Sister Dorothy Bell RSCJ, who died earlier this month, devoted the majority of her long and remarkable life to education. Her connection with Woldingham School was also of great duration: she joined the school, when still based in Roehampton, in 1935; taught at Woldingham from 1955 to 1966; was the school’s first Chair of Governors, from 1985 to 1988, and regularly attended Old Girls’ Day over the subsequent decades. Many Woldingham alumnae and staff attended a Requiem Mass for her in the Digby Stuart College Chapel last week and, just a couple of days later, her life was also celebrated on Radio Four’s Last Word.
Born in London in 1924, Dorothy attended the City of London School for Girls before becoming a boarder – and later, Head Girl – at the Sacred Heart School in Roehampton (now Woldingham). Aged 17, she accompanied her parents to India, where her barrister father was to become a judge, and in 1943 took a job as a secretary in the British Embassy in Chongqing in the south western province of Sichuan, China.
By the end of the war, Dorothy was feeling strongly called to religious life and, after returning to England in 1945 and spending a year teaching at a Roman Catholic school in Tunbridge Wells, she entered the novitiate in the Society of the Sacred Heart, making her final profession six years later, in Rome.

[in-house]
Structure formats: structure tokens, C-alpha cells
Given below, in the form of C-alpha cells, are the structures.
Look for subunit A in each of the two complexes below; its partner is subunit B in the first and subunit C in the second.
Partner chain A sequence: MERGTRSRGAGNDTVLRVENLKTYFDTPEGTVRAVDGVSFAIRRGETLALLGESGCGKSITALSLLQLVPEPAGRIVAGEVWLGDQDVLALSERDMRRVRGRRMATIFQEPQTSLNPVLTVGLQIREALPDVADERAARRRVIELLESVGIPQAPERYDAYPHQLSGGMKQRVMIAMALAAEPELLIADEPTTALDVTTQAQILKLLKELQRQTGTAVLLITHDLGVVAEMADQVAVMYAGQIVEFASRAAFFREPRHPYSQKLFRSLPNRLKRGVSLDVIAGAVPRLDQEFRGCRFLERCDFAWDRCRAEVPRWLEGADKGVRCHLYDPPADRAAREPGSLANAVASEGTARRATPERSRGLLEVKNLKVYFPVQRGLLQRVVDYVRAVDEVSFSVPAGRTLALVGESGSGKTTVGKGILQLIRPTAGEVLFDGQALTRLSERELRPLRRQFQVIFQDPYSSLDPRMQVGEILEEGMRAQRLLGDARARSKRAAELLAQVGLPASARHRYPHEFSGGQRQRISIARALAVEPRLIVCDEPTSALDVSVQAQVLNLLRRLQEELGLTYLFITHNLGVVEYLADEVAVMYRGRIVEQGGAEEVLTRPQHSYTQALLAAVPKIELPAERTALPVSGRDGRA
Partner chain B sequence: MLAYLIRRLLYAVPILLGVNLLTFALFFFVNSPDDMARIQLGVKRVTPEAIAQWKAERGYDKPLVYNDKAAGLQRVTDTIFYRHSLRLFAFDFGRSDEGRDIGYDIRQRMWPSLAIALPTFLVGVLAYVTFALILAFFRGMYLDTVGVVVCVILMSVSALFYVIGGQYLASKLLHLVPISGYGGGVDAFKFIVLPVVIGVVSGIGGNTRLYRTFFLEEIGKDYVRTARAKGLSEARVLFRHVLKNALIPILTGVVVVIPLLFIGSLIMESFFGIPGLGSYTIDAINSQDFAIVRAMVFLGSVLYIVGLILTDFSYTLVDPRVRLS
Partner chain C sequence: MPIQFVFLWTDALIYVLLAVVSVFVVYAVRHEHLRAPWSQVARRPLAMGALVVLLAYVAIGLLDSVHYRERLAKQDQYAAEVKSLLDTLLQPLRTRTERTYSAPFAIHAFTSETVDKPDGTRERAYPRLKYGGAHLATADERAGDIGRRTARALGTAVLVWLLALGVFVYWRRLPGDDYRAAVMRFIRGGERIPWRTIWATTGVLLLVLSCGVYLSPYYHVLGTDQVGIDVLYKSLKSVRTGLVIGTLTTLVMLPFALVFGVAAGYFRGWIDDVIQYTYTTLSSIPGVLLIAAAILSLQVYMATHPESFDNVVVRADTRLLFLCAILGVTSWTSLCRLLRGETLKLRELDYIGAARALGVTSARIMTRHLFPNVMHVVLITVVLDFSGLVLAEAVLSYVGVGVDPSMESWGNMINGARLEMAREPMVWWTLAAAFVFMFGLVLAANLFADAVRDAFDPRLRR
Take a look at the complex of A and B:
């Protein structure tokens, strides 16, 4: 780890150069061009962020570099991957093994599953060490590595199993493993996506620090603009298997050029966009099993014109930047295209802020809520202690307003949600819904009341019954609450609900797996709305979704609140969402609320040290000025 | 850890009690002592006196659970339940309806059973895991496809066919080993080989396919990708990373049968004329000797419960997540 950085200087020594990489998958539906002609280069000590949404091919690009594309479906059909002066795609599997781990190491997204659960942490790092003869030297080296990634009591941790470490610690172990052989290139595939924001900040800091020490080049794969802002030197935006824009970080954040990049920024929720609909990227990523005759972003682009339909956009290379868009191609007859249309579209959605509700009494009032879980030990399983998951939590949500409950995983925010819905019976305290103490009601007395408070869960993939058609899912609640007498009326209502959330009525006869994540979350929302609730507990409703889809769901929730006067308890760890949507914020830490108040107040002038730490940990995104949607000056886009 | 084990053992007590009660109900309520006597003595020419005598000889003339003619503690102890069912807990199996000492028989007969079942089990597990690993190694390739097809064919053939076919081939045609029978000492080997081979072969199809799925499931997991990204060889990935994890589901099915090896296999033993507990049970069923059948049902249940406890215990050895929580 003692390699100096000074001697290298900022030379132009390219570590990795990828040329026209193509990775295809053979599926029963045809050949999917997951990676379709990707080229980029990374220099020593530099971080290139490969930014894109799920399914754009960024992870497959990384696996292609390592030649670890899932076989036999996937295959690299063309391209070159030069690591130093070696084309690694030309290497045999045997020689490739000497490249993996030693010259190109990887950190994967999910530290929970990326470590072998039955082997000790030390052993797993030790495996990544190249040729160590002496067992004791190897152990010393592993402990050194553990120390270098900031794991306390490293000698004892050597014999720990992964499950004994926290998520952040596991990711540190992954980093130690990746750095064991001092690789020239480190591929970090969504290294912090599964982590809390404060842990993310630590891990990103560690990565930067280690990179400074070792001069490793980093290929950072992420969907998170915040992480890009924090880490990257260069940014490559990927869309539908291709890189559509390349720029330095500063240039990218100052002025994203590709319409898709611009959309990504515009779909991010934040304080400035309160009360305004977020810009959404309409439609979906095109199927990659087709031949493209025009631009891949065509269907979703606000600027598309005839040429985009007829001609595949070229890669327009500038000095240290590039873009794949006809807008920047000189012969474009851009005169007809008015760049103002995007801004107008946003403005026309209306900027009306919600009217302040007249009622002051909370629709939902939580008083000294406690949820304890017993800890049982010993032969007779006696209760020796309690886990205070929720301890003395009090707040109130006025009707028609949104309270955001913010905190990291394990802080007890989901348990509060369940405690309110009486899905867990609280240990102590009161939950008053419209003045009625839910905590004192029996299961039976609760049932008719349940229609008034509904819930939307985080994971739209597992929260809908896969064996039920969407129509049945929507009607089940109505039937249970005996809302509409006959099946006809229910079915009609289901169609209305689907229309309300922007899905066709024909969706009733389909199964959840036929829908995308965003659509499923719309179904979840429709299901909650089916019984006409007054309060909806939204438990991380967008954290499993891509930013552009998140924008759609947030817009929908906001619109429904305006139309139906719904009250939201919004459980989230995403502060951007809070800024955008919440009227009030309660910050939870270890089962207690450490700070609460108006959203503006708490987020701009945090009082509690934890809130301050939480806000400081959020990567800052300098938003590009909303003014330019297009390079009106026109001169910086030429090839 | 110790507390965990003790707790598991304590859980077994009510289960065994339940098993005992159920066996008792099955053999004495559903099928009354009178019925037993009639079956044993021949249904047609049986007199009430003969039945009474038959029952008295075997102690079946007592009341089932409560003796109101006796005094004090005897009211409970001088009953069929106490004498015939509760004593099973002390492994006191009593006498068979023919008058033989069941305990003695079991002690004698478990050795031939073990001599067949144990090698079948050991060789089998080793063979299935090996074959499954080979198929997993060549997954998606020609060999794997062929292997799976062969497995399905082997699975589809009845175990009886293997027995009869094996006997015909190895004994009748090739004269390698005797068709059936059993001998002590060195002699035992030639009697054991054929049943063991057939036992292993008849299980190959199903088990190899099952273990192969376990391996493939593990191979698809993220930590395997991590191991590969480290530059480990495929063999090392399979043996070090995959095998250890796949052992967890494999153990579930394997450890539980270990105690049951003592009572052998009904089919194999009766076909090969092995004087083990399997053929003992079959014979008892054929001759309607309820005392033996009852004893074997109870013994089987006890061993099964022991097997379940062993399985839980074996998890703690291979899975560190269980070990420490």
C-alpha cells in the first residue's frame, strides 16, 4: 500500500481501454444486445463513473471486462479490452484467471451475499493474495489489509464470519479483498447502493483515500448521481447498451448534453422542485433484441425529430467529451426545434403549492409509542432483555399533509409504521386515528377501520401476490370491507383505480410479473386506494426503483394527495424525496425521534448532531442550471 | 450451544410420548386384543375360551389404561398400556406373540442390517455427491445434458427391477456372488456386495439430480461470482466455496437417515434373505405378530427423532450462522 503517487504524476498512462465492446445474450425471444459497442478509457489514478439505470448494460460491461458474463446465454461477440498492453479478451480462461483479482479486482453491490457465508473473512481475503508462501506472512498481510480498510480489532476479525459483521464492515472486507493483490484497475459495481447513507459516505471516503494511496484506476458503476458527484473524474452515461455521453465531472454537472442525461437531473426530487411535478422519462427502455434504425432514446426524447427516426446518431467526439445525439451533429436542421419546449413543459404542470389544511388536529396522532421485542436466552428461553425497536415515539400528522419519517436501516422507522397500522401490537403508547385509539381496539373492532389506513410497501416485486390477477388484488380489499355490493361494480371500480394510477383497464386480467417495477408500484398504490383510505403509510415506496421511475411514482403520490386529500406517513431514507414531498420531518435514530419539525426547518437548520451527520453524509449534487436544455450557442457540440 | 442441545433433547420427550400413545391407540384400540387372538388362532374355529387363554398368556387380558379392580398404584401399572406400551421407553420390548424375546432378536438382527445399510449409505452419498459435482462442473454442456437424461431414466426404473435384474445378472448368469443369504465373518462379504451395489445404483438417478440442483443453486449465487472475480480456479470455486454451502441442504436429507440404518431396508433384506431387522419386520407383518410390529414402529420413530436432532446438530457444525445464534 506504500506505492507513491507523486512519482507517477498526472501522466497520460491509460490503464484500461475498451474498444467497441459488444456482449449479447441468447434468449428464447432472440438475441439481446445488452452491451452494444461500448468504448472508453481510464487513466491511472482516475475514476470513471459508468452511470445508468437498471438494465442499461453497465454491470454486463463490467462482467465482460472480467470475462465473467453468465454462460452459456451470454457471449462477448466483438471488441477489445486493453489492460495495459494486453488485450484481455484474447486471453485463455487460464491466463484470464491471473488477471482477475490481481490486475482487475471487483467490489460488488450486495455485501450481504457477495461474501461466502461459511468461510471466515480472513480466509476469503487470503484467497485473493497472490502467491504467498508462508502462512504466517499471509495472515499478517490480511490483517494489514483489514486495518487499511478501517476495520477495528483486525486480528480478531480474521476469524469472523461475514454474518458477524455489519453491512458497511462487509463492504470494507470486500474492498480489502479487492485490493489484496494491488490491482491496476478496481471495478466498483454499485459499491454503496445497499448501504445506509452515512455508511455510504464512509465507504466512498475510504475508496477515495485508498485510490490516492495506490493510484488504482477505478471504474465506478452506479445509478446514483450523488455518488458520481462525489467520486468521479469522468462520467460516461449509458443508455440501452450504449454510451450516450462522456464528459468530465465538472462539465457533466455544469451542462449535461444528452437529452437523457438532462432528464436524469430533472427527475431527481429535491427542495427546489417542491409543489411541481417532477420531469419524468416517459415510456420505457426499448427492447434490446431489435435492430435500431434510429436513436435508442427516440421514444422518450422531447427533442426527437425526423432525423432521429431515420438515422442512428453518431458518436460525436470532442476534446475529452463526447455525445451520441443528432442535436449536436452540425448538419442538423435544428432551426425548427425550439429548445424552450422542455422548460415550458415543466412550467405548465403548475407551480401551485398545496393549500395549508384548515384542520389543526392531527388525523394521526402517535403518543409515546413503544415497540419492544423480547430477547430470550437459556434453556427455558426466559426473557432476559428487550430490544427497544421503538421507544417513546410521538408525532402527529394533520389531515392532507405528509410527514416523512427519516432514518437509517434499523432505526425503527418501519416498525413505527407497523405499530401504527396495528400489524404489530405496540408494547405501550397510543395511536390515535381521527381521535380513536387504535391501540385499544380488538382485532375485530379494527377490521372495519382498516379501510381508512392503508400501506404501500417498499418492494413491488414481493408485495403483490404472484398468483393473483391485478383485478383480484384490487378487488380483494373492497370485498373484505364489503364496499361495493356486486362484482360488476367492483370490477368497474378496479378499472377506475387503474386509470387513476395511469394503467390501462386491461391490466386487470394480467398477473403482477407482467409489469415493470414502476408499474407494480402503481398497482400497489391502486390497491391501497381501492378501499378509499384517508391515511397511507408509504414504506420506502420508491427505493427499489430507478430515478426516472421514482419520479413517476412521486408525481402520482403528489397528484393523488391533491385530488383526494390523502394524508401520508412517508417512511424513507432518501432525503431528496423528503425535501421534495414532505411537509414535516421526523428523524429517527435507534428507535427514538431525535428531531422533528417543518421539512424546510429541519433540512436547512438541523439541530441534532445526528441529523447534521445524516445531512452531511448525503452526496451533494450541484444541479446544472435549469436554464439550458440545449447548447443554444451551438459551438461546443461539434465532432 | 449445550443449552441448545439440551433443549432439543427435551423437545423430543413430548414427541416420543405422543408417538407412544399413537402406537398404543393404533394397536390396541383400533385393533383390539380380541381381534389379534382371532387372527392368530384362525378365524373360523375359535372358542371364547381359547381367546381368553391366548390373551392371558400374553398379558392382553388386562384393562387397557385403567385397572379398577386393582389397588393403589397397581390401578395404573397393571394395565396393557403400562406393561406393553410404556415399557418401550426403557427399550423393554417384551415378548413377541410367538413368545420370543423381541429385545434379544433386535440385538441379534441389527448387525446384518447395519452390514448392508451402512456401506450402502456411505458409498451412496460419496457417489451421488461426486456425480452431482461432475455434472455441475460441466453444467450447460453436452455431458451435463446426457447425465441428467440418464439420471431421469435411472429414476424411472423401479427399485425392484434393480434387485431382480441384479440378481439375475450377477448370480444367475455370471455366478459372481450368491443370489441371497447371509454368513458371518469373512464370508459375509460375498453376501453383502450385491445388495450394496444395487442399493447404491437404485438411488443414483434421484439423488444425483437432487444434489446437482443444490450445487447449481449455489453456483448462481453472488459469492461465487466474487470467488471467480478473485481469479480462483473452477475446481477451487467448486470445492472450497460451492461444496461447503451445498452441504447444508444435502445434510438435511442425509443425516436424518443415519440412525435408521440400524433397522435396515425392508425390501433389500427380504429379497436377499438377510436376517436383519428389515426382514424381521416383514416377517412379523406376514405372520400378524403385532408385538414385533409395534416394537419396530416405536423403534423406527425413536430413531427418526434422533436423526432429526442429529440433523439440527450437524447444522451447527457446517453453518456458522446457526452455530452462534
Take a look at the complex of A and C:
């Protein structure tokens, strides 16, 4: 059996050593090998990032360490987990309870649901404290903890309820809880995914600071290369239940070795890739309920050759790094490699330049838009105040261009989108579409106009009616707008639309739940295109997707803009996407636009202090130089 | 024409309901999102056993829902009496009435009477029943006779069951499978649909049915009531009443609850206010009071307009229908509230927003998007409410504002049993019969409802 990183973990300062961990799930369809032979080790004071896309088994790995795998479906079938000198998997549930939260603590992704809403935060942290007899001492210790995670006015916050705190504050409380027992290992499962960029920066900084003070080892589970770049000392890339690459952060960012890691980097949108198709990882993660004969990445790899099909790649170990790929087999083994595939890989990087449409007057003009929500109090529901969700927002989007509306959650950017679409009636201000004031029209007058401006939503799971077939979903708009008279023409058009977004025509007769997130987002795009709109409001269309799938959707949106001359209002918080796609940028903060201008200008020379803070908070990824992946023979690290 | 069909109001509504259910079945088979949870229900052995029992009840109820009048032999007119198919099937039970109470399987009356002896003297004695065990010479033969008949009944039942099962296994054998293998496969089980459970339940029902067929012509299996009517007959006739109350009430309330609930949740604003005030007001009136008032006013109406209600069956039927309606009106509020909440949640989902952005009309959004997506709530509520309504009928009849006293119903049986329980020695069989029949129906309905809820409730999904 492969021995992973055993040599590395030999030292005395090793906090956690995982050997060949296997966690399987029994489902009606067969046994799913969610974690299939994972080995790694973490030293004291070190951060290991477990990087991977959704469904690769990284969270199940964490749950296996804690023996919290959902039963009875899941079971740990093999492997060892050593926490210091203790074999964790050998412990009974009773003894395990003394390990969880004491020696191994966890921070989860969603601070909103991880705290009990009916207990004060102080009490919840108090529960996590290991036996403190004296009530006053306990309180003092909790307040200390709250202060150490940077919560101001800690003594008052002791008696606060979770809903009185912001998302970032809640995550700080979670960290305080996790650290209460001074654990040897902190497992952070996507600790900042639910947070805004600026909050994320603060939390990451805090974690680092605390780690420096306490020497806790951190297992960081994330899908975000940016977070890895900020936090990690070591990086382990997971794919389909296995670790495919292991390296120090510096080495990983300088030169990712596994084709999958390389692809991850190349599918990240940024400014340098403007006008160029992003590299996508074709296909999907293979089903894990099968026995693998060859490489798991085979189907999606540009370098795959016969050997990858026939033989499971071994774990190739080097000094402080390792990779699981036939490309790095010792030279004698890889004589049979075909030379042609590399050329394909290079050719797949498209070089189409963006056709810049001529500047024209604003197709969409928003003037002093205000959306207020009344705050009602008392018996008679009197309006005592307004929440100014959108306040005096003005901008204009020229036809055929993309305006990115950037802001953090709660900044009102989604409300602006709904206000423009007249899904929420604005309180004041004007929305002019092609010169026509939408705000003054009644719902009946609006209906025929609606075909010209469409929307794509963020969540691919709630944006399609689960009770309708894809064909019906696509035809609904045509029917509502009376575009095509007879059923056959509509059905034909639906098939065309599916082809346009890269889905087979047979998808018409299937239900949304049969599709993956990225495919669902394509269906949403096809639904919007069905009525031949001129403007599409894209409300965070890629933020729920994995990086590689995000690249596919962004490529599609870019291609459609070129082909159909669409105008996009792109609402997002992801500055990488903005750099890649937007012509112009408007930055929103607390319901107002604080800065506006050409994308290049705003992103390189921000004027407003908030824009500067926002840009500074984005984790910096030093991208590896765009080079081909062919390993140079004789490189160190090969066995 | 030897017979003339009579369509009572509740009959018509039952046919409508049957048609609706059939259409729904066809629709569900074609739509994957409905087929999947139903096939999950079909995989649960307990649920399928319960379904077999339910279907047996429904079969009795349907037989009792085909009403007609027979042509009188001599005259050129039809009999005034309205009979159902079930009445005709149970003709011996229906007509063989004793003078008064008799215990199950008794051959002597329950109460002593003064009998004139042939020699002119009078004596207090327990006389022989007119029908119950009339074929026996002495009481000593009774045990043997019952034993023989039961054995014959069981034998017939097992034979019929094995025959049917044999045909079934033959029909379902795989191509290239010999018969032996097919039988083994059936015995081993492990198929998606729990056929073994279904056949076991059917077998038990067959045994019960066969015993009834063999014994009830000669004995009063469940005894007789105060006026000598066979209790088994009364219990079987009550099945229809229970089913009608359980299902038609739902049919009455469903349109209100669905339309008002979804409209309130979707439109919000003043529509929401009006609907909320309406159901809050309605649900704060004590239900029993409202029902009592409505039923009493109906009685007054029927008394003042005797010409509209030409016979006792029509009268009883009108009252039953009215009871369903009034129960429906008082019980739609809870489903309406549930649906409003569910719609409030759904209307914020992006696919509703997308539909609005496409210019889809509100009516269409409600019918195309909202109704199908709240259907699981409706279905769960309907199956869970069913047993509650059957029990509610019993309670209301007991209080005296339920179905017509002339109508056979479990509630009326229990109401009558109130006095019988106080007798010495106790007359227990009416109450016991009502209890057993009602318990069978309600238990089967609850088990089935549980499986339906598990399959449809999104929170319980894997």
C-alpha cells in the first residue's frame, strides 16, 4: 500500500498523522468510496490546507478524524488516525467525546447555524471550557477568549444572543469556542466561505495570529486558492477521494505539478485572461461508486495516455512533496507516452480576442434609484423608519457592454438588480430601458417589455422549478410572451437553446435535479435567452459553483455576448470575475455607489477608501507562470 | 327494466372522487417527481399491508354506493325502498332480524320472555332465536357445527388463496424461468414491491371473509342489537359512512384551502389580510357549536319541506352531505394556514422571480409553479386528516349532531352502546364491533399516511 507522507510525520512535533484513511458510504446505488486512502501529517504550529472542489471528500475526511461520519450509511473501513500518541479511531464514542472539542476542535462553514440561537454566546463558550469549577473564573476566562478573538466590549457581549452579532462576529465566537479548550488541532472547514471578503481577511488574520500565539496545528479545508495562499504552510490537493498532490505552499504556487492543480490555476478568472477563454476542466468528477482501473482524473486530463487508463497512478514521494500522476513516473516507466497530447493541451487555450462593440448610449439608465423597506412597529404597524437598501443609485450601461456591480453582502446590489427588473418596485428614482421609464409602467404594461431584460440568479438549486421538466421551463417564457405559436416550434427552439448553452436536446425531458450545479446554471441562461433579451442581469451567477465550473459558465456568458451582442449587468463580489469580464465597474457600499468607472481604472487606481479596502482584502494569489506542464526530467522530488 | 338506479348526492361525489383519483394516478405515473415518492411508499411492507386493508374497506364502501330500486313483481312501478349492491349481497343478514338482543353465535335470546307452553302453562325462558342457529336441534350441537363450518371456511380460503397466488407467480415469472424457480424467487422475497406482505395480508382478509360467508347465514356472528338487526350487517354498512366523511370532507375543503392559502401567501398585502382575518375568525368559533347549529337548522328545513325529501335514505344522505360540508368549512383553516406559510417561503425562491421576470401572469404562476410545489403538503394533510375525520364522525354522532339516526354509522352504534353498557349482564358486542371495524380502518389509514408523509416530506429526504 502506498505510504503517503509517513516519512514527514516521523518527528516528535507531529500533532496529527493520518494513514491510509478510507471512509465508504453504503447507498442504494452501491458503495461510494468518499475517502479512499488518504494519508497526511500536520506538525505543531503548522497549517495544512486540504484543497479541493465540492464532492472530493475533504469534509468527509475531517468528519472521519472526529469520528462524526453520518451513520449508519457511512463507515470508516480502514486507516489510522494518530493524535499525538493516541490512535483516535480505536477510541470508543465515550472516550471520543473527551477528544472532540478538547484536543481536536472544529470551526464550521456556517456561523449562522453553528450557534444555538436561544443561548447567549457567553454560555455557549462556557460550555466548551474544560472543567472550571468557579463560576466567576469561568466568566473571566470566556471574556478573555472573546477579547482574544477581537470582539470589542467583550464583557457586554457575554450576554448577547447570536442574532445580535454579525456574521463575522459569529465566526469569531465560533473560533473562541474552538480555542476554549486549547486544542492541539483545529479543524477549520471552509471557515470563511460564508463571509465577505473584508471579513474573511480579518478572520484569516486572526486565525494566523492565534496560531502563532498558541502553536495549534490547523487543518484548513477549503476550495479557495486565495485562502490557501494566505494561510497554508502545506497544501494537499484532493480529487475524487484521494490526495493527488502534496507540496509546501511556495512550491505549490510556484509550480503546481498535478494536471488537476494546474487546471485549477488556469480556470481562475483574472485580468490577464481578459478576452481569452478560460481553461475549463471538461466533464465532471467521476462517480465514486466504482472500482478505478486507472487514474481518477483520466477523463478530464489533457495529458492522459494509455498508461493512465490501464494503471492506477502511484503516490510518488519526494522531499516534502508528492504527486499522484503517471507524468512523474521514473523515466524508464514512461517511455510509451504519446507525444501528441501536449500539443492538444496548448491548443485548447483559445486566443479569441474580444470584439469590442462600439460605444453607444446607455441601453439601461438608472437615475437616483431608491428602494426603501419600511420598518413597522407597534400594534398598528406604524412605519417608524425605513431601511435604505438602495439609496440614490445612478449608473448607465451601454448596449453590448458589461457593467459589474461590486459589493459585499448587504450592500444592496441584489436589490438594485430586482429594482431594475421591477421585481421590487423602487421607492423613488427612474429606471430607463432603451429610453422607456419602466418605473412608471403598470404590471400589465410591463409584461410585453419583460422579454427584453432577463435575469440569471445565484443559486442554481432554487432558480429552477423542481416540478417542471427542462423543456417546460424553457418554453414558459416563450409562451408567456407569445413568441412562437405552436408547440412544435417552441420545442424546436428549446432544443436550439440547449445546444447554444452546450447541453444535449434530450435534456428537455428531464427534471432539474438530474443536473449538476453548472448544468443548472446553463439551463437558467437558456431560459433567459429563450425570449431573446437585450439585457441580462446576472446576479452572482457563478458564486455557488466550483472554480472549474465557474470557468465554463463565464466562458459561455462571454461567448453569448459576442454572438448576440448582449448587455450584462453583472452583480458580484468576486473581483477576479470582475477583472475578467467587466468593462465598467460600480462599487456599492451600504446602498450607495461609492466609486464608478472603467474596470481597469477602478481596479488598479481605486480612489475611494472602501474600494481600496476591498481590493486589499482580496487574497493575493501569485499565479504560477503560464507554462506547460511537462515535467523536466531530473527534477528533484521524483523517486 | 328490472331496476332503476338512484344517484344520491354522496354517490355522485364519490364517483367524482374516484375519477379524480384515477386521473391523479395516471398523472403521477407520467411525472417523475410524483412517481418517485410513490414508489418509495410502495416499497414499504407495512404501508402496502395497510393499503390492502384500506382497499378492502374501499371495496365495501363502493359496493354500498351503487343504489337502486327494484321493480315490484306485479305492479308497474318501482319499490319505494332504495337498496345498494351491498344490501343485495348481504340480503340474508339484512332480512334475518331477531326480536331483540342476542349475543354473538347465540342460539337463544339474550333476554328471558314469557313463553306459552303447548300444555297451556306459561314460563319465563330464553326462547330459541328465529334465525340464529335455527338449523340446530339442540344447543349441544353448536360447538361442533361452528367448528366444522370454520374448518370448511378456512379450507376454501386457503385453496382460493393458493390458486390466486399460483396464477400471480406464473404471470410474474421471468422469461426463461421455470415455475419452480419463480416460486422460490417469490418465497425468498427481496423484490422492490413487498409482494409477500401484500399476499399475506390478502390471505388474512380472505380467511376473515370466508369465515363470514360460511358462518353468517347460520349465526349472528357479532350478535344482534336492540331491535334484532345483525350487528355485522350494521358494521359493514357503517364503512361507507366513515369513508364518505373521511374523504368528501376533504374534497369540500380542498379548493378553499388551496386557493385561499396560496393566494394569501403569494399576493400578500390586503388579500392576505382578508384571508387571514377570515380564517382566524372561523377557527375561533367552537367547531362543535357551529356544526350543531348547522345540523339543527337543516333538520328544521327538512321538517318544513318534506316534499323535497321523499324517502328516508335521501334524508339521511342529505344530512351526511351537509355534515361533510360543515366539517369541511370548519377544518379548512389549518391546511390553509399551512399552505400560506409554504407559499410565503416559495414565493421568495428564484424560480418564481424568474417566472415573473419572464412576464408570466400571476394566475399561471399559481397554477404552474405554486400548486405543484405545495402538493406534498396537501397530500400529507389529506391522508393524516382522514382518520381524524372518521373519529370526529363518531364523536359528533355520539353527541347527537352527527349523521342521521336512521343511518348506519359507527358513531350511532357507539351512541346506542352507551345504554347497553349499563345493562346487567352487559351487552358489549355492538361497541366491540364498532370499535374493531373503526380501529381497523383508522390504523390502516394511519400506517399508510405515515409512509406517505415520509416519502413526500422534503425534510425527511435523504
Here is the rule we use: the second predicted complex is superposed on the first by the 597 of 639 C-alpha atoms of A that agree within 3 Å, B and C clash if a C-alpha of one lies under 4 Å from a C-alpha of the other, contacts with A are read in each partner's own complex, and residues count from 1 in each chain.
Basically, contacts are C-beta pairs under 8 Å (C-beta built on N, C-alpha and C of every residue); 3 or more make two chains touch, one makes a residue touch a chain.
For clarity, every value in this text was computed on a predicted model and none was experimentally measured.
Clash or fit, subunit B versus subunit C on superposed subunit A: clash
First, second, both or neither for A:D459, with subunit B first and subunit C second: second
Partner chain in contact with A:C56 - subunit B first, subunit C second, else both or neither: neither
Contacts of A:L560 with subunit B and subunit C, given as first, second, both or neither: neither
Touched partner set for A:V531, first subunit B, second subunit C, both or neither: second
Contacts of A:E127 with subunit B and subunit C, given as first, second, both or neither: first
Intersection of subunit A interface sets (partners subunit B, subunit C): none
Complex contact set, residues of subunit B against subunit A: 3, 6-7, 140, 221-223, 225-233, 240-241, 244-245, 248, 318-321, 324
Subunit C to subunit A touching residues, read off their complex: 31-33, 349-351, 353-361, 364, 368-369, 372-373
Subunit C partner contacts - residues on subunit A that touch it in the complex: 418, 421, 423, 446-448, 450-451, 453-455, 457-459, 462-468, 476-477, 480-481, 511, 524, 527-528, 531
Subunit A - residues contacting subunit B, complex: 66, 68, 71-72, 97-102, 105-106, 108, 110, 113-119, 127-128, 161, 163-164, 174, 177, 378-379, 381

After reading geography at St Anne’s College, Oxford, Dorothy took a postgraduate teaching qualification at the Society’s Fenham College, Newcastle-upon-Tyne, following which she joined the staff of Woldingham in 1955. She spent the following decade here, teaching Geography and also holding the post of Mistress of Studies.
In 1967 Sister Dorothy moved to Digby Stuart College, the Society of the Sacred Heart’s teacher training centre in Roehampton, to lecture in geography, before taking over as Principal in 1968. In 1985, whilst still Principal of Digby Stuart College, she became Woldingham’s first Chair of Governors, overseeing the school’s transition to lay management under the trusteeship of the Society of the Sacred Heart.
Her ‘retirement’ in 1989 saw Sister Dorothy remain as active as ever: she was the Diocesan AIDS Co-ordinator for Southwark, and also served as a governor of several schools and Sixth Form colleges, and of Heythrop College. In 1999 she was awarded the OBE for her services to education and, aged 82, she became a member of the Westminster Diocesan Education Board.
In more recent years, Sister Dorothy scaled back her commitments, though she still kept in close contact with her former colleagues, and took a keen interest in whatever was happening, in education and the wider world.